# Projectile Motion of broad jumper

1. Oct 25, 2012

### SigFig

1. The problem statement, all variables and given/known data
A broad jumper begins his jump at an angle of 22 degrees from the horizontal. At the middle of the jump he reaches a height of 70.0cm
a. What is his horizontal velocity
b. What is his horizontal displacement

2. Relevant equations
dh=vht
dv=1/2at^2
t=vv/a

3. The attempt at a solution
Sin 22 = x/70 x= 26.2
26.2=1/2(9.8)t^2
√t
t= 2.3sec

Since it's half way up, you'd have to double the time to find the entire time(?) needed for the entire horizontal displacement, but I have no clue what to do after getting time (if that's even right).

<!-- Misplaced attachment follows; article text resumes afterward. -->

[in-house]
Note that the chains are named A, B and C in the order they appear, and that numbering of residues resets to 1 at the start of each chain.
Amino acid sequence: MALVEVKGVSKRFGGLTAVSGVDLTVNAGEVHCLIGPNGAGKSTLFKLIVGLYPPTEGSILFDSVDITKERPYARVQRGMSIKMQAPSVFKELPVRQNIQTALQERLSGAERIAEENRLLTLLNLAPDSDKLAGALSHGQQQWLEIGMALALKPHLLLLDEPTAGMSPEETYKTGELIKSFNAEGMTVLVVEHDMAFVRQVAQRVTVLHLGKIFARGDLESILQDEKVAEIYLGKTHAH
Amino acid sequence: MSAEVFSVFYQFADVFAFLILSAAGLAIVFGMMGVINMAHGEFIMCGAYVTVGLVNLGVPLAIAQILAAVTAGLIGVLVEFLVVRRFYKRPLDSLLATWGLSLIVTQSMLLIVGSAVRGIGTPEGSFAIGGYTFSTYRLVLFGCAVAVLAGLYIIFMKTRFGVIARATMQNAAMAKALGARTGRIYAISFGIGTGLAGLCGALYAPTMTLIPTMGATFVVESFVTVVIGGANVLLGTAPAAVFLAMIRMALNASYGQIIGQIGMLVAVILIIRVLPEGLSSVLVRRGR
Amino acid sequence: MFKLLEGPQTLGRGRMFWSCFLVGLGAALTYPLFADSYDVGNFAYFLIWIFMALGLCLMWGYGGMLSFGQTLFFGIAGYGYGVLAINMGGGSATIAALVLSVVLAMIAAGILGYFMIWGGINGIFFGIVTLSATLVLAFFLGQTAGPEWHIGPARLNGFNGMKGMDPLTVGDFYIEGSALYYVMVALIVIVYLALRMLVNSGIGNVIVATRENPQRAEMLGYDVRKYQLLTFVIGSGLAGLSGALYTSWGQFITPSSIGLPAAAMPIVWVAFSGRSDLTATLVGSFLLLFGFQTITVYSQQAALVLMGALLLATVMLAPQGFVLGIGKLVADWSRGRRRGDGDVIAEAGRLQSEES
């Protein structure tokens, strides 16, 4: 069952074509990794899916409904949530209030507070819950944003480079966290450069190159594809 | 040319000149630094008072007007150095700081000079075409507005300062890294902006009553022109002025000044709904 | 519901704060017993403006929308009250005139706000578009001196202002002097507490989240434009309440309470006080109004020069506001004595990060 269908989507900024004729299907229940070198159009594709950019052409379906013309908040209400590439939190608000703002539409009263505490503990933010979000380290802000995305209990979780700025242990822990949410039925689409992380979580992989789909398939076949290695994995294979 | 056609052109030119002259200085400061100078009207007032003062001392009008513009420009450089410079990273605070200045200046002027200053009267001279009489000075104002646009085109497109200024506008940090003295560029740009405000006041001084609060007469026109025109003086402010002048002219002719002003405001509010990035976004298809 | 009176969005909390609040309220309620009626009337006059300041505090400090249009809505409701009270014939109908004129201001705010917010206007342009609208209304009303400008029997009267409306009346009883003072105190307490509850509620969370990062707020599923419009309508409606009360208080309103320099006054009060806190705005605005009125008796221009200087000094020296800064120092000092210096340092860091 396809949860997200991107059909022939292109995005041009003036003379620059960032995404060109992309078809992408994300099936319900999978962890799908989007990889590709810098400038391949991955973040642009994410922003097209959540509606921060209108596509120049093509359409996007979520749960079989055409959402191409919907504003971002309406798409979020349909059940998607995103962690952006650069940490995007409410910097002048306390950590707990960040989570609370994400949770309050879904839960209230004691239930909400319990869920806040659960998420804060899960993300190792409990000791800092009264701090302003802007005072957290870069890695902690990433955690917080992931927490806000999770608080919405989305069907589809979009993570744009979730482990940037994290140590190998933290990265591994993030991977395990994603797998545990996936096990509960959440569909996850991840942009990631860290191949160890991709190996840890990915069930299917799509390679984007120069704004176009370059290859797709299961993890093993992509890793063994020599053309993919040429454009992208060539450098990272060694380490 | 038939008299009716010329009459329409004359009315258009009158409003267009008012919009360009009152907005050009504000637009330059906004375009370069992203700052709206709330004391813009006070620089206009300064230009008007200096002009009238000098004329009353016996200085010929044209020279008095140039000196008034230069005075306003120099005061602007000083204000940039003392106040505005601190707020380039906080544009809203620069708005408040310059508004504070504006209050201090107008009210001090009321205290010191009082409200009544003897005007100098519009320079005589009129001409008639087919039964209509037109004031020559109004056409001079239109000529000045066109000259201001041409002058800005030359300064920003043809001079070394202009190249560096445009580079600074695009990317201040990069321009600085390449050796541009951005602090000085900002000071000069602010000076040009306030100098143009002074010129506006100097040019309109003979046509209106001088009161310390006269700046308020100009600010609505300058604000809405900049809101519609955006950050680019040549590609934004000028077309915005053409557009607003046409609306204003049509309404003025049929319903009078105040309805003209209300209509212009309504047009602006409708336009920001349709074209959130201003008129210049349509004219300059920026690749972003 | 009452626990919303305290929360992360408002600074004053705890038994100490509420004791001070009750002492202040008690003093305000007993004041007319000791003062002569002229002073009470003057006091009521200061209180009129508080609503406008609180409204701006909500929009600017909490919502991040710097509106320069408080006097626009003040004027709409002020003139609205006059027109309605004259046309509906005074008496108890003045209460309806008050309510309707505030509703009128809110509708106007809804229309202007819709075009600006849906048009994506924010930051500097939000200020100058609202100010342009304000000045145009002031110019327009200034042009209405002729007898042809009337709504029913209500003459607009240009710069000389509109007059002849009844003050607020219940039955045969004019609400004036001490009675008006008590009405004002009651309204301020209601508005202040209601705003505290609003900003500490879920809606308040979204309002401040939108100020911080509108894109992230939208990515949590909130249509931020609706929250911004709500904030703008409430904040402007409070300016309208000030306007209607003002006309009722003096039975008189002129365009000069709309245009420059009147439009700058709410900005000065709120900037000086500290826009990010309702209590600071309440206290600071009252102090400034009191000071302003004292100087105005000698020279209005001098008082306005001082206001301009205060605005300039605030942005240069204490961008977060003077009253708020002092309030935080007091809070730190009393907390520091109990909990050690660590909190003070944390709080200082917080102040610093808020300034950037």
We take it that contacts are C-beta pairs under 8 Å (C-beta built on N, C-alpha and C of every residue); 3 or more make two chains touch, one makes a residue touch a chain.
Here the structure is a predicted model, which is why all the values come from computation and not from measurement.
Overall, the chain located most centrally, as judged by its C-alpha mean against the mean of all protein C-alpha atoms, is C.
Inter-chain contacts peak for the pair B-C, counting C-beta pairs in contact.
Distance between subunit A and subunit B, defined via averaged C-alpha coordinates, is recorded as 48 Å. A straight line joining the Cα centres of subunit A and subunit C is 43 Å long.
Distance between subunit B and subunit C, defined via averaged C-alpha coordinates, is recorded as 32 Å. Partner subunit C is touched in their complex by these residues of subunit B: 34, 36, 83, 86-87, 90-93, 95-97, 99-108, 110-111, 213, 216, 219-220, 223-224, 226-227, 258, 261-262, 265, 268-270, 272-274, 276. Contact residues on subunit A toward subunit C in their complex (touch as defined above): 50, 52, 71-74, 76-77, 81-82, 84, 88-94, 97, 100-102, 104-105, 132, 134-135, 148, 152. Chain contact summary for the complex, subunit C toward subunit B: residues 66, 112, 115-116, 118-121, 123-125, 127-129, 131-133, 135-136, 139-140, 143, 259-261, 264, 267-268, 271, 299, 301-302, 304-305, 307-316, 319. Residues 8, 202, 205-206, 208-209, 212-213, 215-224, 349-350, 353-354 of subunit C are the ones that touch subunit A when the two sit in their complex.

2. Oct 26, 2012

### haruspex

No, the angle is his initial trajectory. It does not provide a straight line to his highest point.
What vertical component of speed would he need at take-off to reach that height?
What, therefore, was his horizontal speed?
Btw, it's not clear to me whether "horizontal displacement" refers to where he lands or at the highest point. I think it's the highest point.